bit of work done

and finally even available – the recent “products” now out:

Recording of the Presentation in Łódź (29/11/2018)

Digitisation, AI and the need of another economy

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Recording of the presentation in Ostrava (5/12/2018)

Bubble Economies Bullshit Jobs Shredding Paintings

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Recording of the Deans Lecture in Łódź (5/12/2018)

Bullshit jobs – but the problem is the stable

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Publication in the Journal “Economy of the Region”

an article titled

Two-Criterion Model of the Russian Society Stratification by Income and Housing Security, 

Authored by V. N. Bobkov, P. Herrmann, I. B. Kolmakov, E. V. Odintsova,

Another article with the mystery-title 😉

About You – Nur frage nicht, ob du überhaupt bist

in: Tarantel, 12/2018.

Zeitschrift der Ökologische Plattform bei DER LINKEN

Published with some delay, though not out of date the Social Law Report 6/2017 of the MAX PLANCK INSTITUTE FOR SOCIAL LAW AND SOCIAL POLICY

Entwicklungen der sozialen Sicherheit und des Sozialschutzes in Irland. Juli 2016 – Juli 2017

(These are regular reports and the 17/18 report is already waiting for being uploaded)

Now as recording – im German language:

Annunci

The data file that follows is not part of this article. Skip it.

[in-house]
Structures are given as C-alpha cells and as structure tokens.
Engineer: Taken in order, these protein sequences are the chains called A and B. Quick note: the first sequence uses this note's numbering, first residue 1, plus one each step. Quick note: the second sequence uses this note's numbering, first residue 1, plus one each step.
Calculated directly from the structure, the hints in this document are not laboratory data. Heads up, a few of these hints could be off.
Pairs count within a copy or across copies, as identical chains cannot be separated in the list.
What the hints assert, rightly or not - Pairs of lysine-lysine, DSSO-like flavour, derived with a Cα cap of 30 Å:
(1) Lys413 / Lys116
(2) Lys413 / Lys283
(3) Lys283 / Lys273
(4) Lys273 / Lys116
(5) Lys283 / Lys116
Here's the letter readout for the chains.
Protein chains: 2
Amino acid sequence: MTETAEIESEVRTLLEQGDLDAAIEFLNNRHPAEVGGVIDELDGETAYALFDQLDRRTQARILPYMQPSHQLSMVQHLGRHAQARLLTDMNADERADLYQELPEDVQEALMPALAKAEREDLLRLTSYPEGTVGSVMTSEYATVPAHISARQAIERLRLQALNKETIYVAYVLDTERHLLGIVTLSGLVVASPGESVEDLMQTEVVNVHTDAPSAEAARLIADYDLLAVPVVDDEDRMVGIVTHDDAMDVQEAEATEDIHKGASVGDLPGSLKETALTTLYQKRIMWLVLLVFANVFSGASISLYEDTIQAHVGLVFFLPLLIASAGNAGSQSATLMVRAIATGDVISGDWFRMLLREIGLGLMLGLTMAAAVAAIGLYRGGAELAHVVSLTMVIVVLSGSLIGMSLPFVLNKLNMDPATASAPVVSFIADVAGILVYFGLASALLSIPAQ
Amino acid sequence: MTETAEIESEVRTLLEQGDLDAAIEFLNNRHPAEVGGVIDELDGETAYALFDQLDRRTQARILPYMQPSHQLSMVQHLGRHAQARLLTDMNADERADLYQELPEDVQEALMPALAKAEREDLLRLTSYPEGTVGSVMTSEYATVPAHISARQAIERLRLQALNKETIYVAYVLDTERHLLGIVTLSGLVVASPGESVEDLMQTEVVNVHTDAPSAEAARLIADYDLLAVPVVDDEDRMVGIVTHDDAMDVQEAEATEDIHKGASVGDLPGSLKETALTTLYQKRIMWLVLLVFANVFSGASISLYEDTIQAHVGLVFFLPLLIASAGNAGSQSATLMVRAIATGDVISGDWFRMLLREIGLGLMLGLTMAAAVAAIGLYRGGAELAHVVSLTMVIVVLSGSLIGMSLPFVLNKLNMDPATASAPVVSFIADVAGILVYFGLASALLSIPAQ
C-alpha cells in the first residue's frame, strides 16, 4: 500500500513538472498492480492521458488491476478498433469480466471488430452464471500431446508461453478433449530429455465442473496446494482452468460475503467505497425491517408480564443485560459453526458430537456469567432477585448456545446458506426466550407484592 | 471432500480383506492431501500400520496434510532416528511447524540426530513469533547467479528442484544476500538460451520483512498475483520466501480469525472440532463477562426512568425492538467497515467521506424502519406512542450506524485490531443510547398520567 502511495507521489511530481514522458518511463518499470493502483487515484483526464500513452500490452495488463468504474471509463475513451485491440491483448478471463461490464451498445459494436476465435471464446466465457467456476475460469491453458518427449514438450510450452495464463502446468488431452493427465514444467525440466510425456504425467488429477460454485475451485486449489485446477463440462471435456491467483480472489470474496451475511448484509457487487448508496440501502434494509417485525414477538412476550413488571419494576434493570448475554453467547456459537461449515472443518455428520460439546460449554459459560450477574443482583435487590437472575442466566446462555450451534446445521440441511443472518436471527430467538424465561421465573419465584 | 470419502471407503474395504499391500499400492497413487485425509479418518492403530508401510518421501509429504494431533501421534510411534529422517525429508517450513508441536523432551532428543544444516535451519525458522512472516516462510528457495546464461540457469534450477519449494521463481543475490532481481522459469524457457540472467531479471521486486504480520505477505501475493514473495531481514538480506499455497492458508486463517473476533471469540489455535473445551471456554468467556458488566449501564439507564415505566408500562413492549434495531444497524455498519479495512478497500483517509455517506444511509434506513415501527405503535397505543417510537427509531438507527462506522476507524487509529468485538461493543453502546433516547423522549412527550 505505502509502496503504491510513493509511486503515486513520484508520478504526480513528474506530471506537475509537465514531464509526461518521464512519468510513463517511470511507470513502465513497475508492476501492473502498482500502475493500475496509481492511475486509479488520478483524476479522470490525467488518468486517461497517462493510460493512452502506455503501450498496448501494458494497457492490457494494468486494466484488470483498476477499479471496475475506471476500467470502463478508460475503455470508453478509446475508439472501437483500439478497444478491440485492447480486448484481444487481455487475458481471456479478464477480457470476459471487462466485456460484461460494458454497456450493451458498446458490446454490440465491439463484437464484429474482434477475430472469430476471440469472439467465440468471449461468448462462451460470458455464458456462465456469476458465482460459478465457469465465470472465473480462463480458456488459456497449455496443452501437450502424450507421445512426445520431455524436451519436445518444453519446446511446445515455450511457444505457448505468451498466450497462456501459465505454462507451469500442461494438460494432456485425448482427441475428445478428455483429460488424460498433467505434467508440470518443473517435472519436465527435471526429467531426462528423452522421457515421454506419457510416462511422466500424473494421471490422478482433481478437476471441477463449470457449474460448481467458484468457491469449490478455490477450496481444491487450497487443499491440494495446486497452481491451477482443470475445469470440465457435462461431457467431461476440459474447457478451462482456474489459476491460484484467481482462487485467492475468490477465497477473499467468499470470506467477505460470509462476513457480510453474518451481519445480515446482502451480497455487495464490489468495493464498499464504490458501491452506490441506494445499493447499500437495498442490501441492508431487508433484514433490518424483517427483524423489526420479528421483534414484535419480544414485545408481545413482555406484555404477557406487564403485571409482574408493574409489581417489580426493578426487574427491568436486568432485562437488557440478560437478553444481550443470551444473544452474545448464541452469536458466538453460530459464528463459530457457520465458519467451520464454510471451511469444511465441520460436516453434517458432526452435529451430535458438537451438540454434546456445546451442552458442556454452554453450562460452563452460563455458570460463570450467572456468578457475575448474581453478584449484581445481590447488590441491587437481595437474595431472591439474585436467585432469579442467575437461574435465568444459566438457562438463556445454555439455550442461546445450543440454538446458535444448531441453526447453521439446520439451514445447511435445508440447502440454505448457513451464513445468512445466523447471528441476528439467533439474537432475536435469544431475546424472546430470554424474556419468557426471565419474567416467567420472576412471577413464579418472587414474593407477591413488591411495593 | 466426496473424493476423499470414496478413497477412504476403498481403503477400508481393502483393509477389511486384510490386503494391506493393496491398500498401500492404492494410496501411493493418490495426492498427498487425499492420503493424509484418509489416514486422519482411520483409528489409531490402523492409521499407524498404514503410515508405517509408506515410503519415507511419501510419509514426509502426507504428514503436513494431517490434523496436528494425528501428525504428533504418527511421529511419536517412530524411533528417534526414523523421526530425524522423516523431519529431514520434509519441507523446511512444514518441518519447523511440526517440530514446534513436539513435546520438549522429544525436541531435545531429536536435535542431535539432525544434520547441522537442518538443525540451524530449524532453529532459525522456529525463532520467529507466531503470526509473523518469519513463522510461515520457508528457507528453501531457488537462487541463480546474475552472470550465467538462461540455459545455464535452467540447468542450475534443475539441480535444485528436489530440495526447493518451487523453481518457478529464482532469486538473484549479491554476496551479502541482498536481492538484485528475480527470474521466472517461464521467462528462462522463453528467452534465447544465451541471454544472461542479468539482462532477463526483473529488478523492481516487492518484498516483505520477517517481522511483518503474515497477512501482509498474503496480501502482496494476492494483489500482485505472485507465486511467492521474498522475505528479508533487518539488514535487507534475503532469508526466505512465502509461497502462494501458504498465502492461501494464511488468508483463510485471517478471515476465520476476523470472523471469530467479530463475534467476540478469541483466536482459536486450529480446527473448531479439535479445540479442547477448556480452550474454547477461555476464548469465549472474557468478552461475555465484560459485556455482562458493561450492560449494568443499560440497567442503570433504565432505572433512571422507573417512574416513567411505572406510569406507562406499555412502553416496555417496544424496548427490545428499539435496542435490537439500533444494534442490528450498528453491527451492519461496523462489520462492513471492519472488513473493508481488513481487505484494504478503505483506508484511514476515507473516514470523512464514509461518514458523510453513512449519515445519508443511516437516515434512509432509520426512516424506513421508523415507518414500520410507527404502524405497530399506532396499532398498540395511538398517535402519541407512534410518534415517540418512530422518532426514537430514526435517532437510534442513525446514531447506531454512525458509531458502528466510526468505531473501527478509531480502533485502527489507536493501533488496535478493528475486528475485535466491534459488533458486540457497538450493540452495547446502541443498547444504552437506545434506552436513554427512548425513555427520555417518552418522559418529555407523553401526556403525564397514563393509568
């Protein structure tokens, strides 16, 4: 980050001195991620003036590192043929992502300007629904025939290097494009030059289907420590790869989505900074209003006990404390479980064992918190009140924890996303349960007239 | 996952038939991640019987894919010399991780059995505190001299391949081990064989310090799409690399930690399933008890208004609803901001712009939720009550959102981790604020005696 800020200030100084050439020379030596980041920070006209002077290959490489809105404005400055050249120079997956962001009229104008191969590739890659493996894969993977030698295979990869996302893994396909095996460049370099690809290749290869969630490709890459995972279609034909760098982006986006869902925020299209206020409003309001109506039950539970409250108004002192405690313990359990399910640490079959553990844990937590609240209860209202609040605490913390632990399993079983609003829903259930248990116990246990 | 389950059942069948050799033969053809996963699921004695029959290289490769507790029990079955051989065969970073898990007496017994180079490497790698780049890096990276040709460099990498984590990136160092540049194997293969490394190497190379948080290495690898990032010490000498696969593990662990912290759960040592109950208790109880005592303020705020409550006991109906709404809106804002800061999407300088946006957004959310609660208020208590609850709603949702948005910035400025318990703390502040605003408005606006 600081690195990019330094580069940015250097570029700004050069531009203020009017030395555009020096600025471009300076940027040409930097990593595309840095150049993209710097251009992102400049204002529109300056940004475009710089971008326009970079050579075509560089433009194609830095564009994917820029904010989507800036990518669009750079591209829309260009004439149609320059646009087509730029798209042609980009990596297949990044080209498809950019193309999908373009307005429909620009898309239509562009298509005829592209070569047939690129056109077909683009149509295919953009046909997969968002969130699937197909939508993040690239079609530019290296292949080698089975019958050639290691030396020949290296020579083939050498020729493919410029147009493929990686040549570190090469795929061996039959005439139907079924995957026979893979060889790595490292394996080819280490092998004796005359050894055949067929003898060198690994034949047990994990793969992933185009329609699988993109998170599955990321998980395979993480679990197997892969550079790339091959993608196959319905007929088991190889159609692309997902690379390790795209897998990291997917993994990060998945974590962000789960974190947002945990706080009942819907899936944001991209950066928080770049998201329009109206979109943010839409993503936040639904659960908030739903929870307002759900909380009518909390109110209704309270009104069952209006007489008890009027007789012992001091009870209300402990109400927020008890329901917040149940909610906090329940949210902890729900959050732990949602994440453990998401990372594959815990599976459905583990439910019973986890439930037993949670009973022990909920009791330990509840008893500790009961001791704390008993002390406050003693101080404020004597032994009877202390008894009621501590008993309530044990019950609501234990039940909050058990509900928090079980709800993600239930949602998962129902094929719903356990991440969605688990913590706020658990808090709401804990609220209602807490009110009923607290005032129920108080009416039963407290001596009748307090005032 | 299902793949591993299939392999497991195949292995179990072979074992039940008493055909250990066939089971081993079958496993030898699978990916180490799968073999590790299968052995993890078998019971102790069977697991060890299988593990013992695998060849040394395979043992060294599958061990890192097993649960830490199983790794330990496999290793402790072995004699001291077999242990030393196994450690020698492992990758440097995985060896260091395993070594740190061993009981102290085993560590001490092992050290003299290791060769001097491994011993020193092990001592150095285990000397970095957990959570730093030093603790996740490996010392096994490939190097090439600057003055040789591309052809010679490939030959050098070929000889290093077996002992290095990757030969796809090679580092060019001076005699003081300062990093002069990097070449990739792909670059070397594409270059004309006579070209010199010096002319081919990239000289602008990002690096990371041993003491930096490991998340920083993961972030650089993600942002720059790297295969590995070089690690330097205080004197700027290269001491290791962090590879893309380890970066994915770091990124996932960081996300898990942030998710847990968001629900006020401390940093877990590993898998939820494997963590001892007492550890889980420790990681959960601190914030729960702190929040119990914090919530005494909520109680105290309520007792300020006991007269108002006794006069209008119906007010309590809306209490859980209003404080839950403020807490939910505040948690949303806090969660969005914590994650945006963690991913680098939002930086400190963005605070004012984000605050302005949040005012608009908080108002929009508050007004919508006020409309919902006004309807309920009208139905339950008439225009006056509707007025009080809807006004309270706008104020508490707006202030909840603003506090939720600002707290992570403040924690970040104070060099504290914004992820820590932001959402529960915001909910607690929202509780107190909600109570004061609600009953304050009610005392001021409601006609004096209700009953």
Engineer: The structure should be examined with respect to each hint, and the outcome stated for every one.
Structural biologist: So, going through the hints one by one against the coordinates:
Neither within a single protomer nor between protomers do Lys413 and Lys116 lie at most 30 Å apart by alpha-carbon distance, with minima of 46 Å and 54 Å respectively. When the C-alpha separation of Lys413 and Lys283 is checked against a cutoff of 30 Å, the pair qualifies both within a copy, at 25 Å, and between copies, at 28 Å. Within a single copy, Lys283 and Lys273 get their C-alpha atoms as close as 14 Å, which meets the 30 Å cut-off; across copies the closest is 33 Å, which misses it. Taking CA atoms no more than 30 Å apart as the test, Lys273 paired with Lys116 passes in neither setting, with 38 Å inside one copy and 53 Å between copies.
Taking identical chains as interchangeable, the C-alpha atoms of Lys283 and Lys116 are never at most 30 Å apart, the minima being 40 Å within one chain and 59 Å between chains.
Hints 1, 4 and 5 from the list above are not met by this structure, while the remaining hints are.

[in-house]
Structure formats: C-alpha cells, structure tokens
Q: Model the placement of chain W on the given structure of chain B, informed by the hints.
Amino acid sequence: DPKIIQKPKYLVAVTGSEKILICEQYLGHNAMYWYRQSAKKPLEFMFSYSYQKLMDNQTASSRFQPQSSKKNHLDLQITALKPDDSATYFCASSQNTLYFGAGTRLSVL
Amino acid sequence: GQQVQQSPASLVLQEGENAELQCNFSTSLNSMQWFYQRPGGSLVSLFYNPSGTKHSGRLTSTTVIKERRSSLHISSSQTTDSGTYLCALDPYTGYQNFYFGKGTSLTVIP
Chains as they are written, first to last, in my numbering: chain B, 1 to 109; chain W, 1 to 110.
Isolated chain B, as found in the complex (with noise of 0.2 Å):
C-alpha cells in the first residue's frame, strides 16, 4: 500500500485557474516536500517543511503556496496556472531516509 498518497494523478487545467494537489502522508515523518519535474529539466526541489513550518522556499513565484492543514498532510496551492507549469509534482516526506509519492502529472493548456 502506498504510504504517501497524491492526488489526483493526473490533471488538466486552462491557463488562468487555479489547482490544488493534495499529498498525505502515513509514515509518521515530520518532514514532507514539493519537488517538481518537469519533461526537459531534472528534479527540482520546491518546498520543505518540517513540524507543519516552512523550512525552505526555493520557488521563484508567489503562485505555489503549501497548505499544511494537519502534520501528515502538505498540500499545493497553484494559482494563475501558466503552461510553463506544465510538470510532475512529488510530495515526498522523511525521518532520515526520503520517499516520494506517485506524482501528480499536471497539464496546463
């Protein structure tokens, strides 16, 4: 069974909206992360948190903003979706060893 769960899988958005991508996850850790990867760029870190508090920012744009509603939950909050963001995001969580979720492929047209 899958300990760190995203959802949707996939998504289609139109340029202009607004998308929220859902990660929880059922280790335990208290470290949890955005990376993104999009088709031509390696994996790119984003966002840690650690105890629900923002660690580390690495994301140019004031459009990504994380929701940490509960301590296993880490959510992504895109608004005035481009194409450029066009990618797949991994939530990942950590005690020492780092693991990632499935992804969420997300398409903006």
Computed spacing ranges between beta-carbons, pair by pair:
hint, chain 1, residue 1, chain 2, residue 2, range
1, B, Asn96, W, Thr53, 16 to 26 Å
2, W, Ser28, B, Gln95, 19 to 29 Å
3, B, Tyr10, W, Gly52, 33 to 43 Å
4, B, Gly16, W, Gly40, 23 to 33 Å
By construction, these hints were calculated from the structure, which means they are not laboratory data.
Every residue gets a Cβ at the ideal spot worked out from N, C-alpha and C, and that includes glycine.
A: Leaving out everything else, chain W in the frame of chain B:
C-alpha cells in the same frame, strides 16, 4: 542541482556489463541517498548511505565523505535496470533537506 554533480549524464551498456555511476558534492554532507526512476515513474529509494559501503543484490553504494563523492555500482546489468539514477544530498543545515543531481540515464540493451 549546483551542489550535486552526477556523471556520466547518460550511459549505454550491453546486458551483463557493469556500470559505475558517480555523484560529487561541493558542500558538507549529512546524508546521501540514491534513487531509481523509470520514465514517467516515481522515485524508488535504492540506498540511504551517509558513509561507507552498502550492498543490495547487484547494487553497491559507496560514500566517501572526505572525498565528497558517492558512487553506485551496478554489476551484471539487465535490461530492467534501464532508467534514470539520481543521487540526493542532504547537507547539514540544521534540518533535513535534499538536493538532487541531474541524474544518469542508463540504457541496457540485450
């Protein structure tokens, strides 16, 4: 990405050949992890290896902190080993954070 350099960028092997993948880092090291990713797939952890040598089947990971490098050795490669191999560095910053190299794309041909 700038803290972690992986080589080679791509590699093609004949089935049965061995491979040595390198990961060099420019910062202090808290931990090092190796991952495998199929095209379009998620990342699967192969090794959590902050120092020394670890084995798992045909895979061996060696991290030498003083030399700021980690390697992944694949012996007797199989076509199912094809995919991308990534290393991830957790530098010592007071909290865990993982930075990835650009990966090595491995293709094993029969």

Irelands social policy and law

Development of Social Policy in Ireland 2014-15. Report to the Max Planck Institute to Social Law and Social Policy. Department for foreign and international Social Law, Munich

Peter Herrmann

Rom, end of March 2015

Centrally dealing with the recent development in the area of social legislation, it focuses on poverty and exclusion and also the field of migration/asylum. In a more general perspective it provides a sound overview of the (supposed) post-austerity development, suggesting that the success is located within the tension between external pressures (Troika) and the suggested “opportunity” to restructure national policies (using the the pressure as excuse).
The price that had to be paid, had been divided between three “bearers”:

• Inequality
• re-structuraion
• externalisation

This analysis brings the analysis of legal perspectives in close connection with the political-economy and sociology of the country.

The report is written in German language.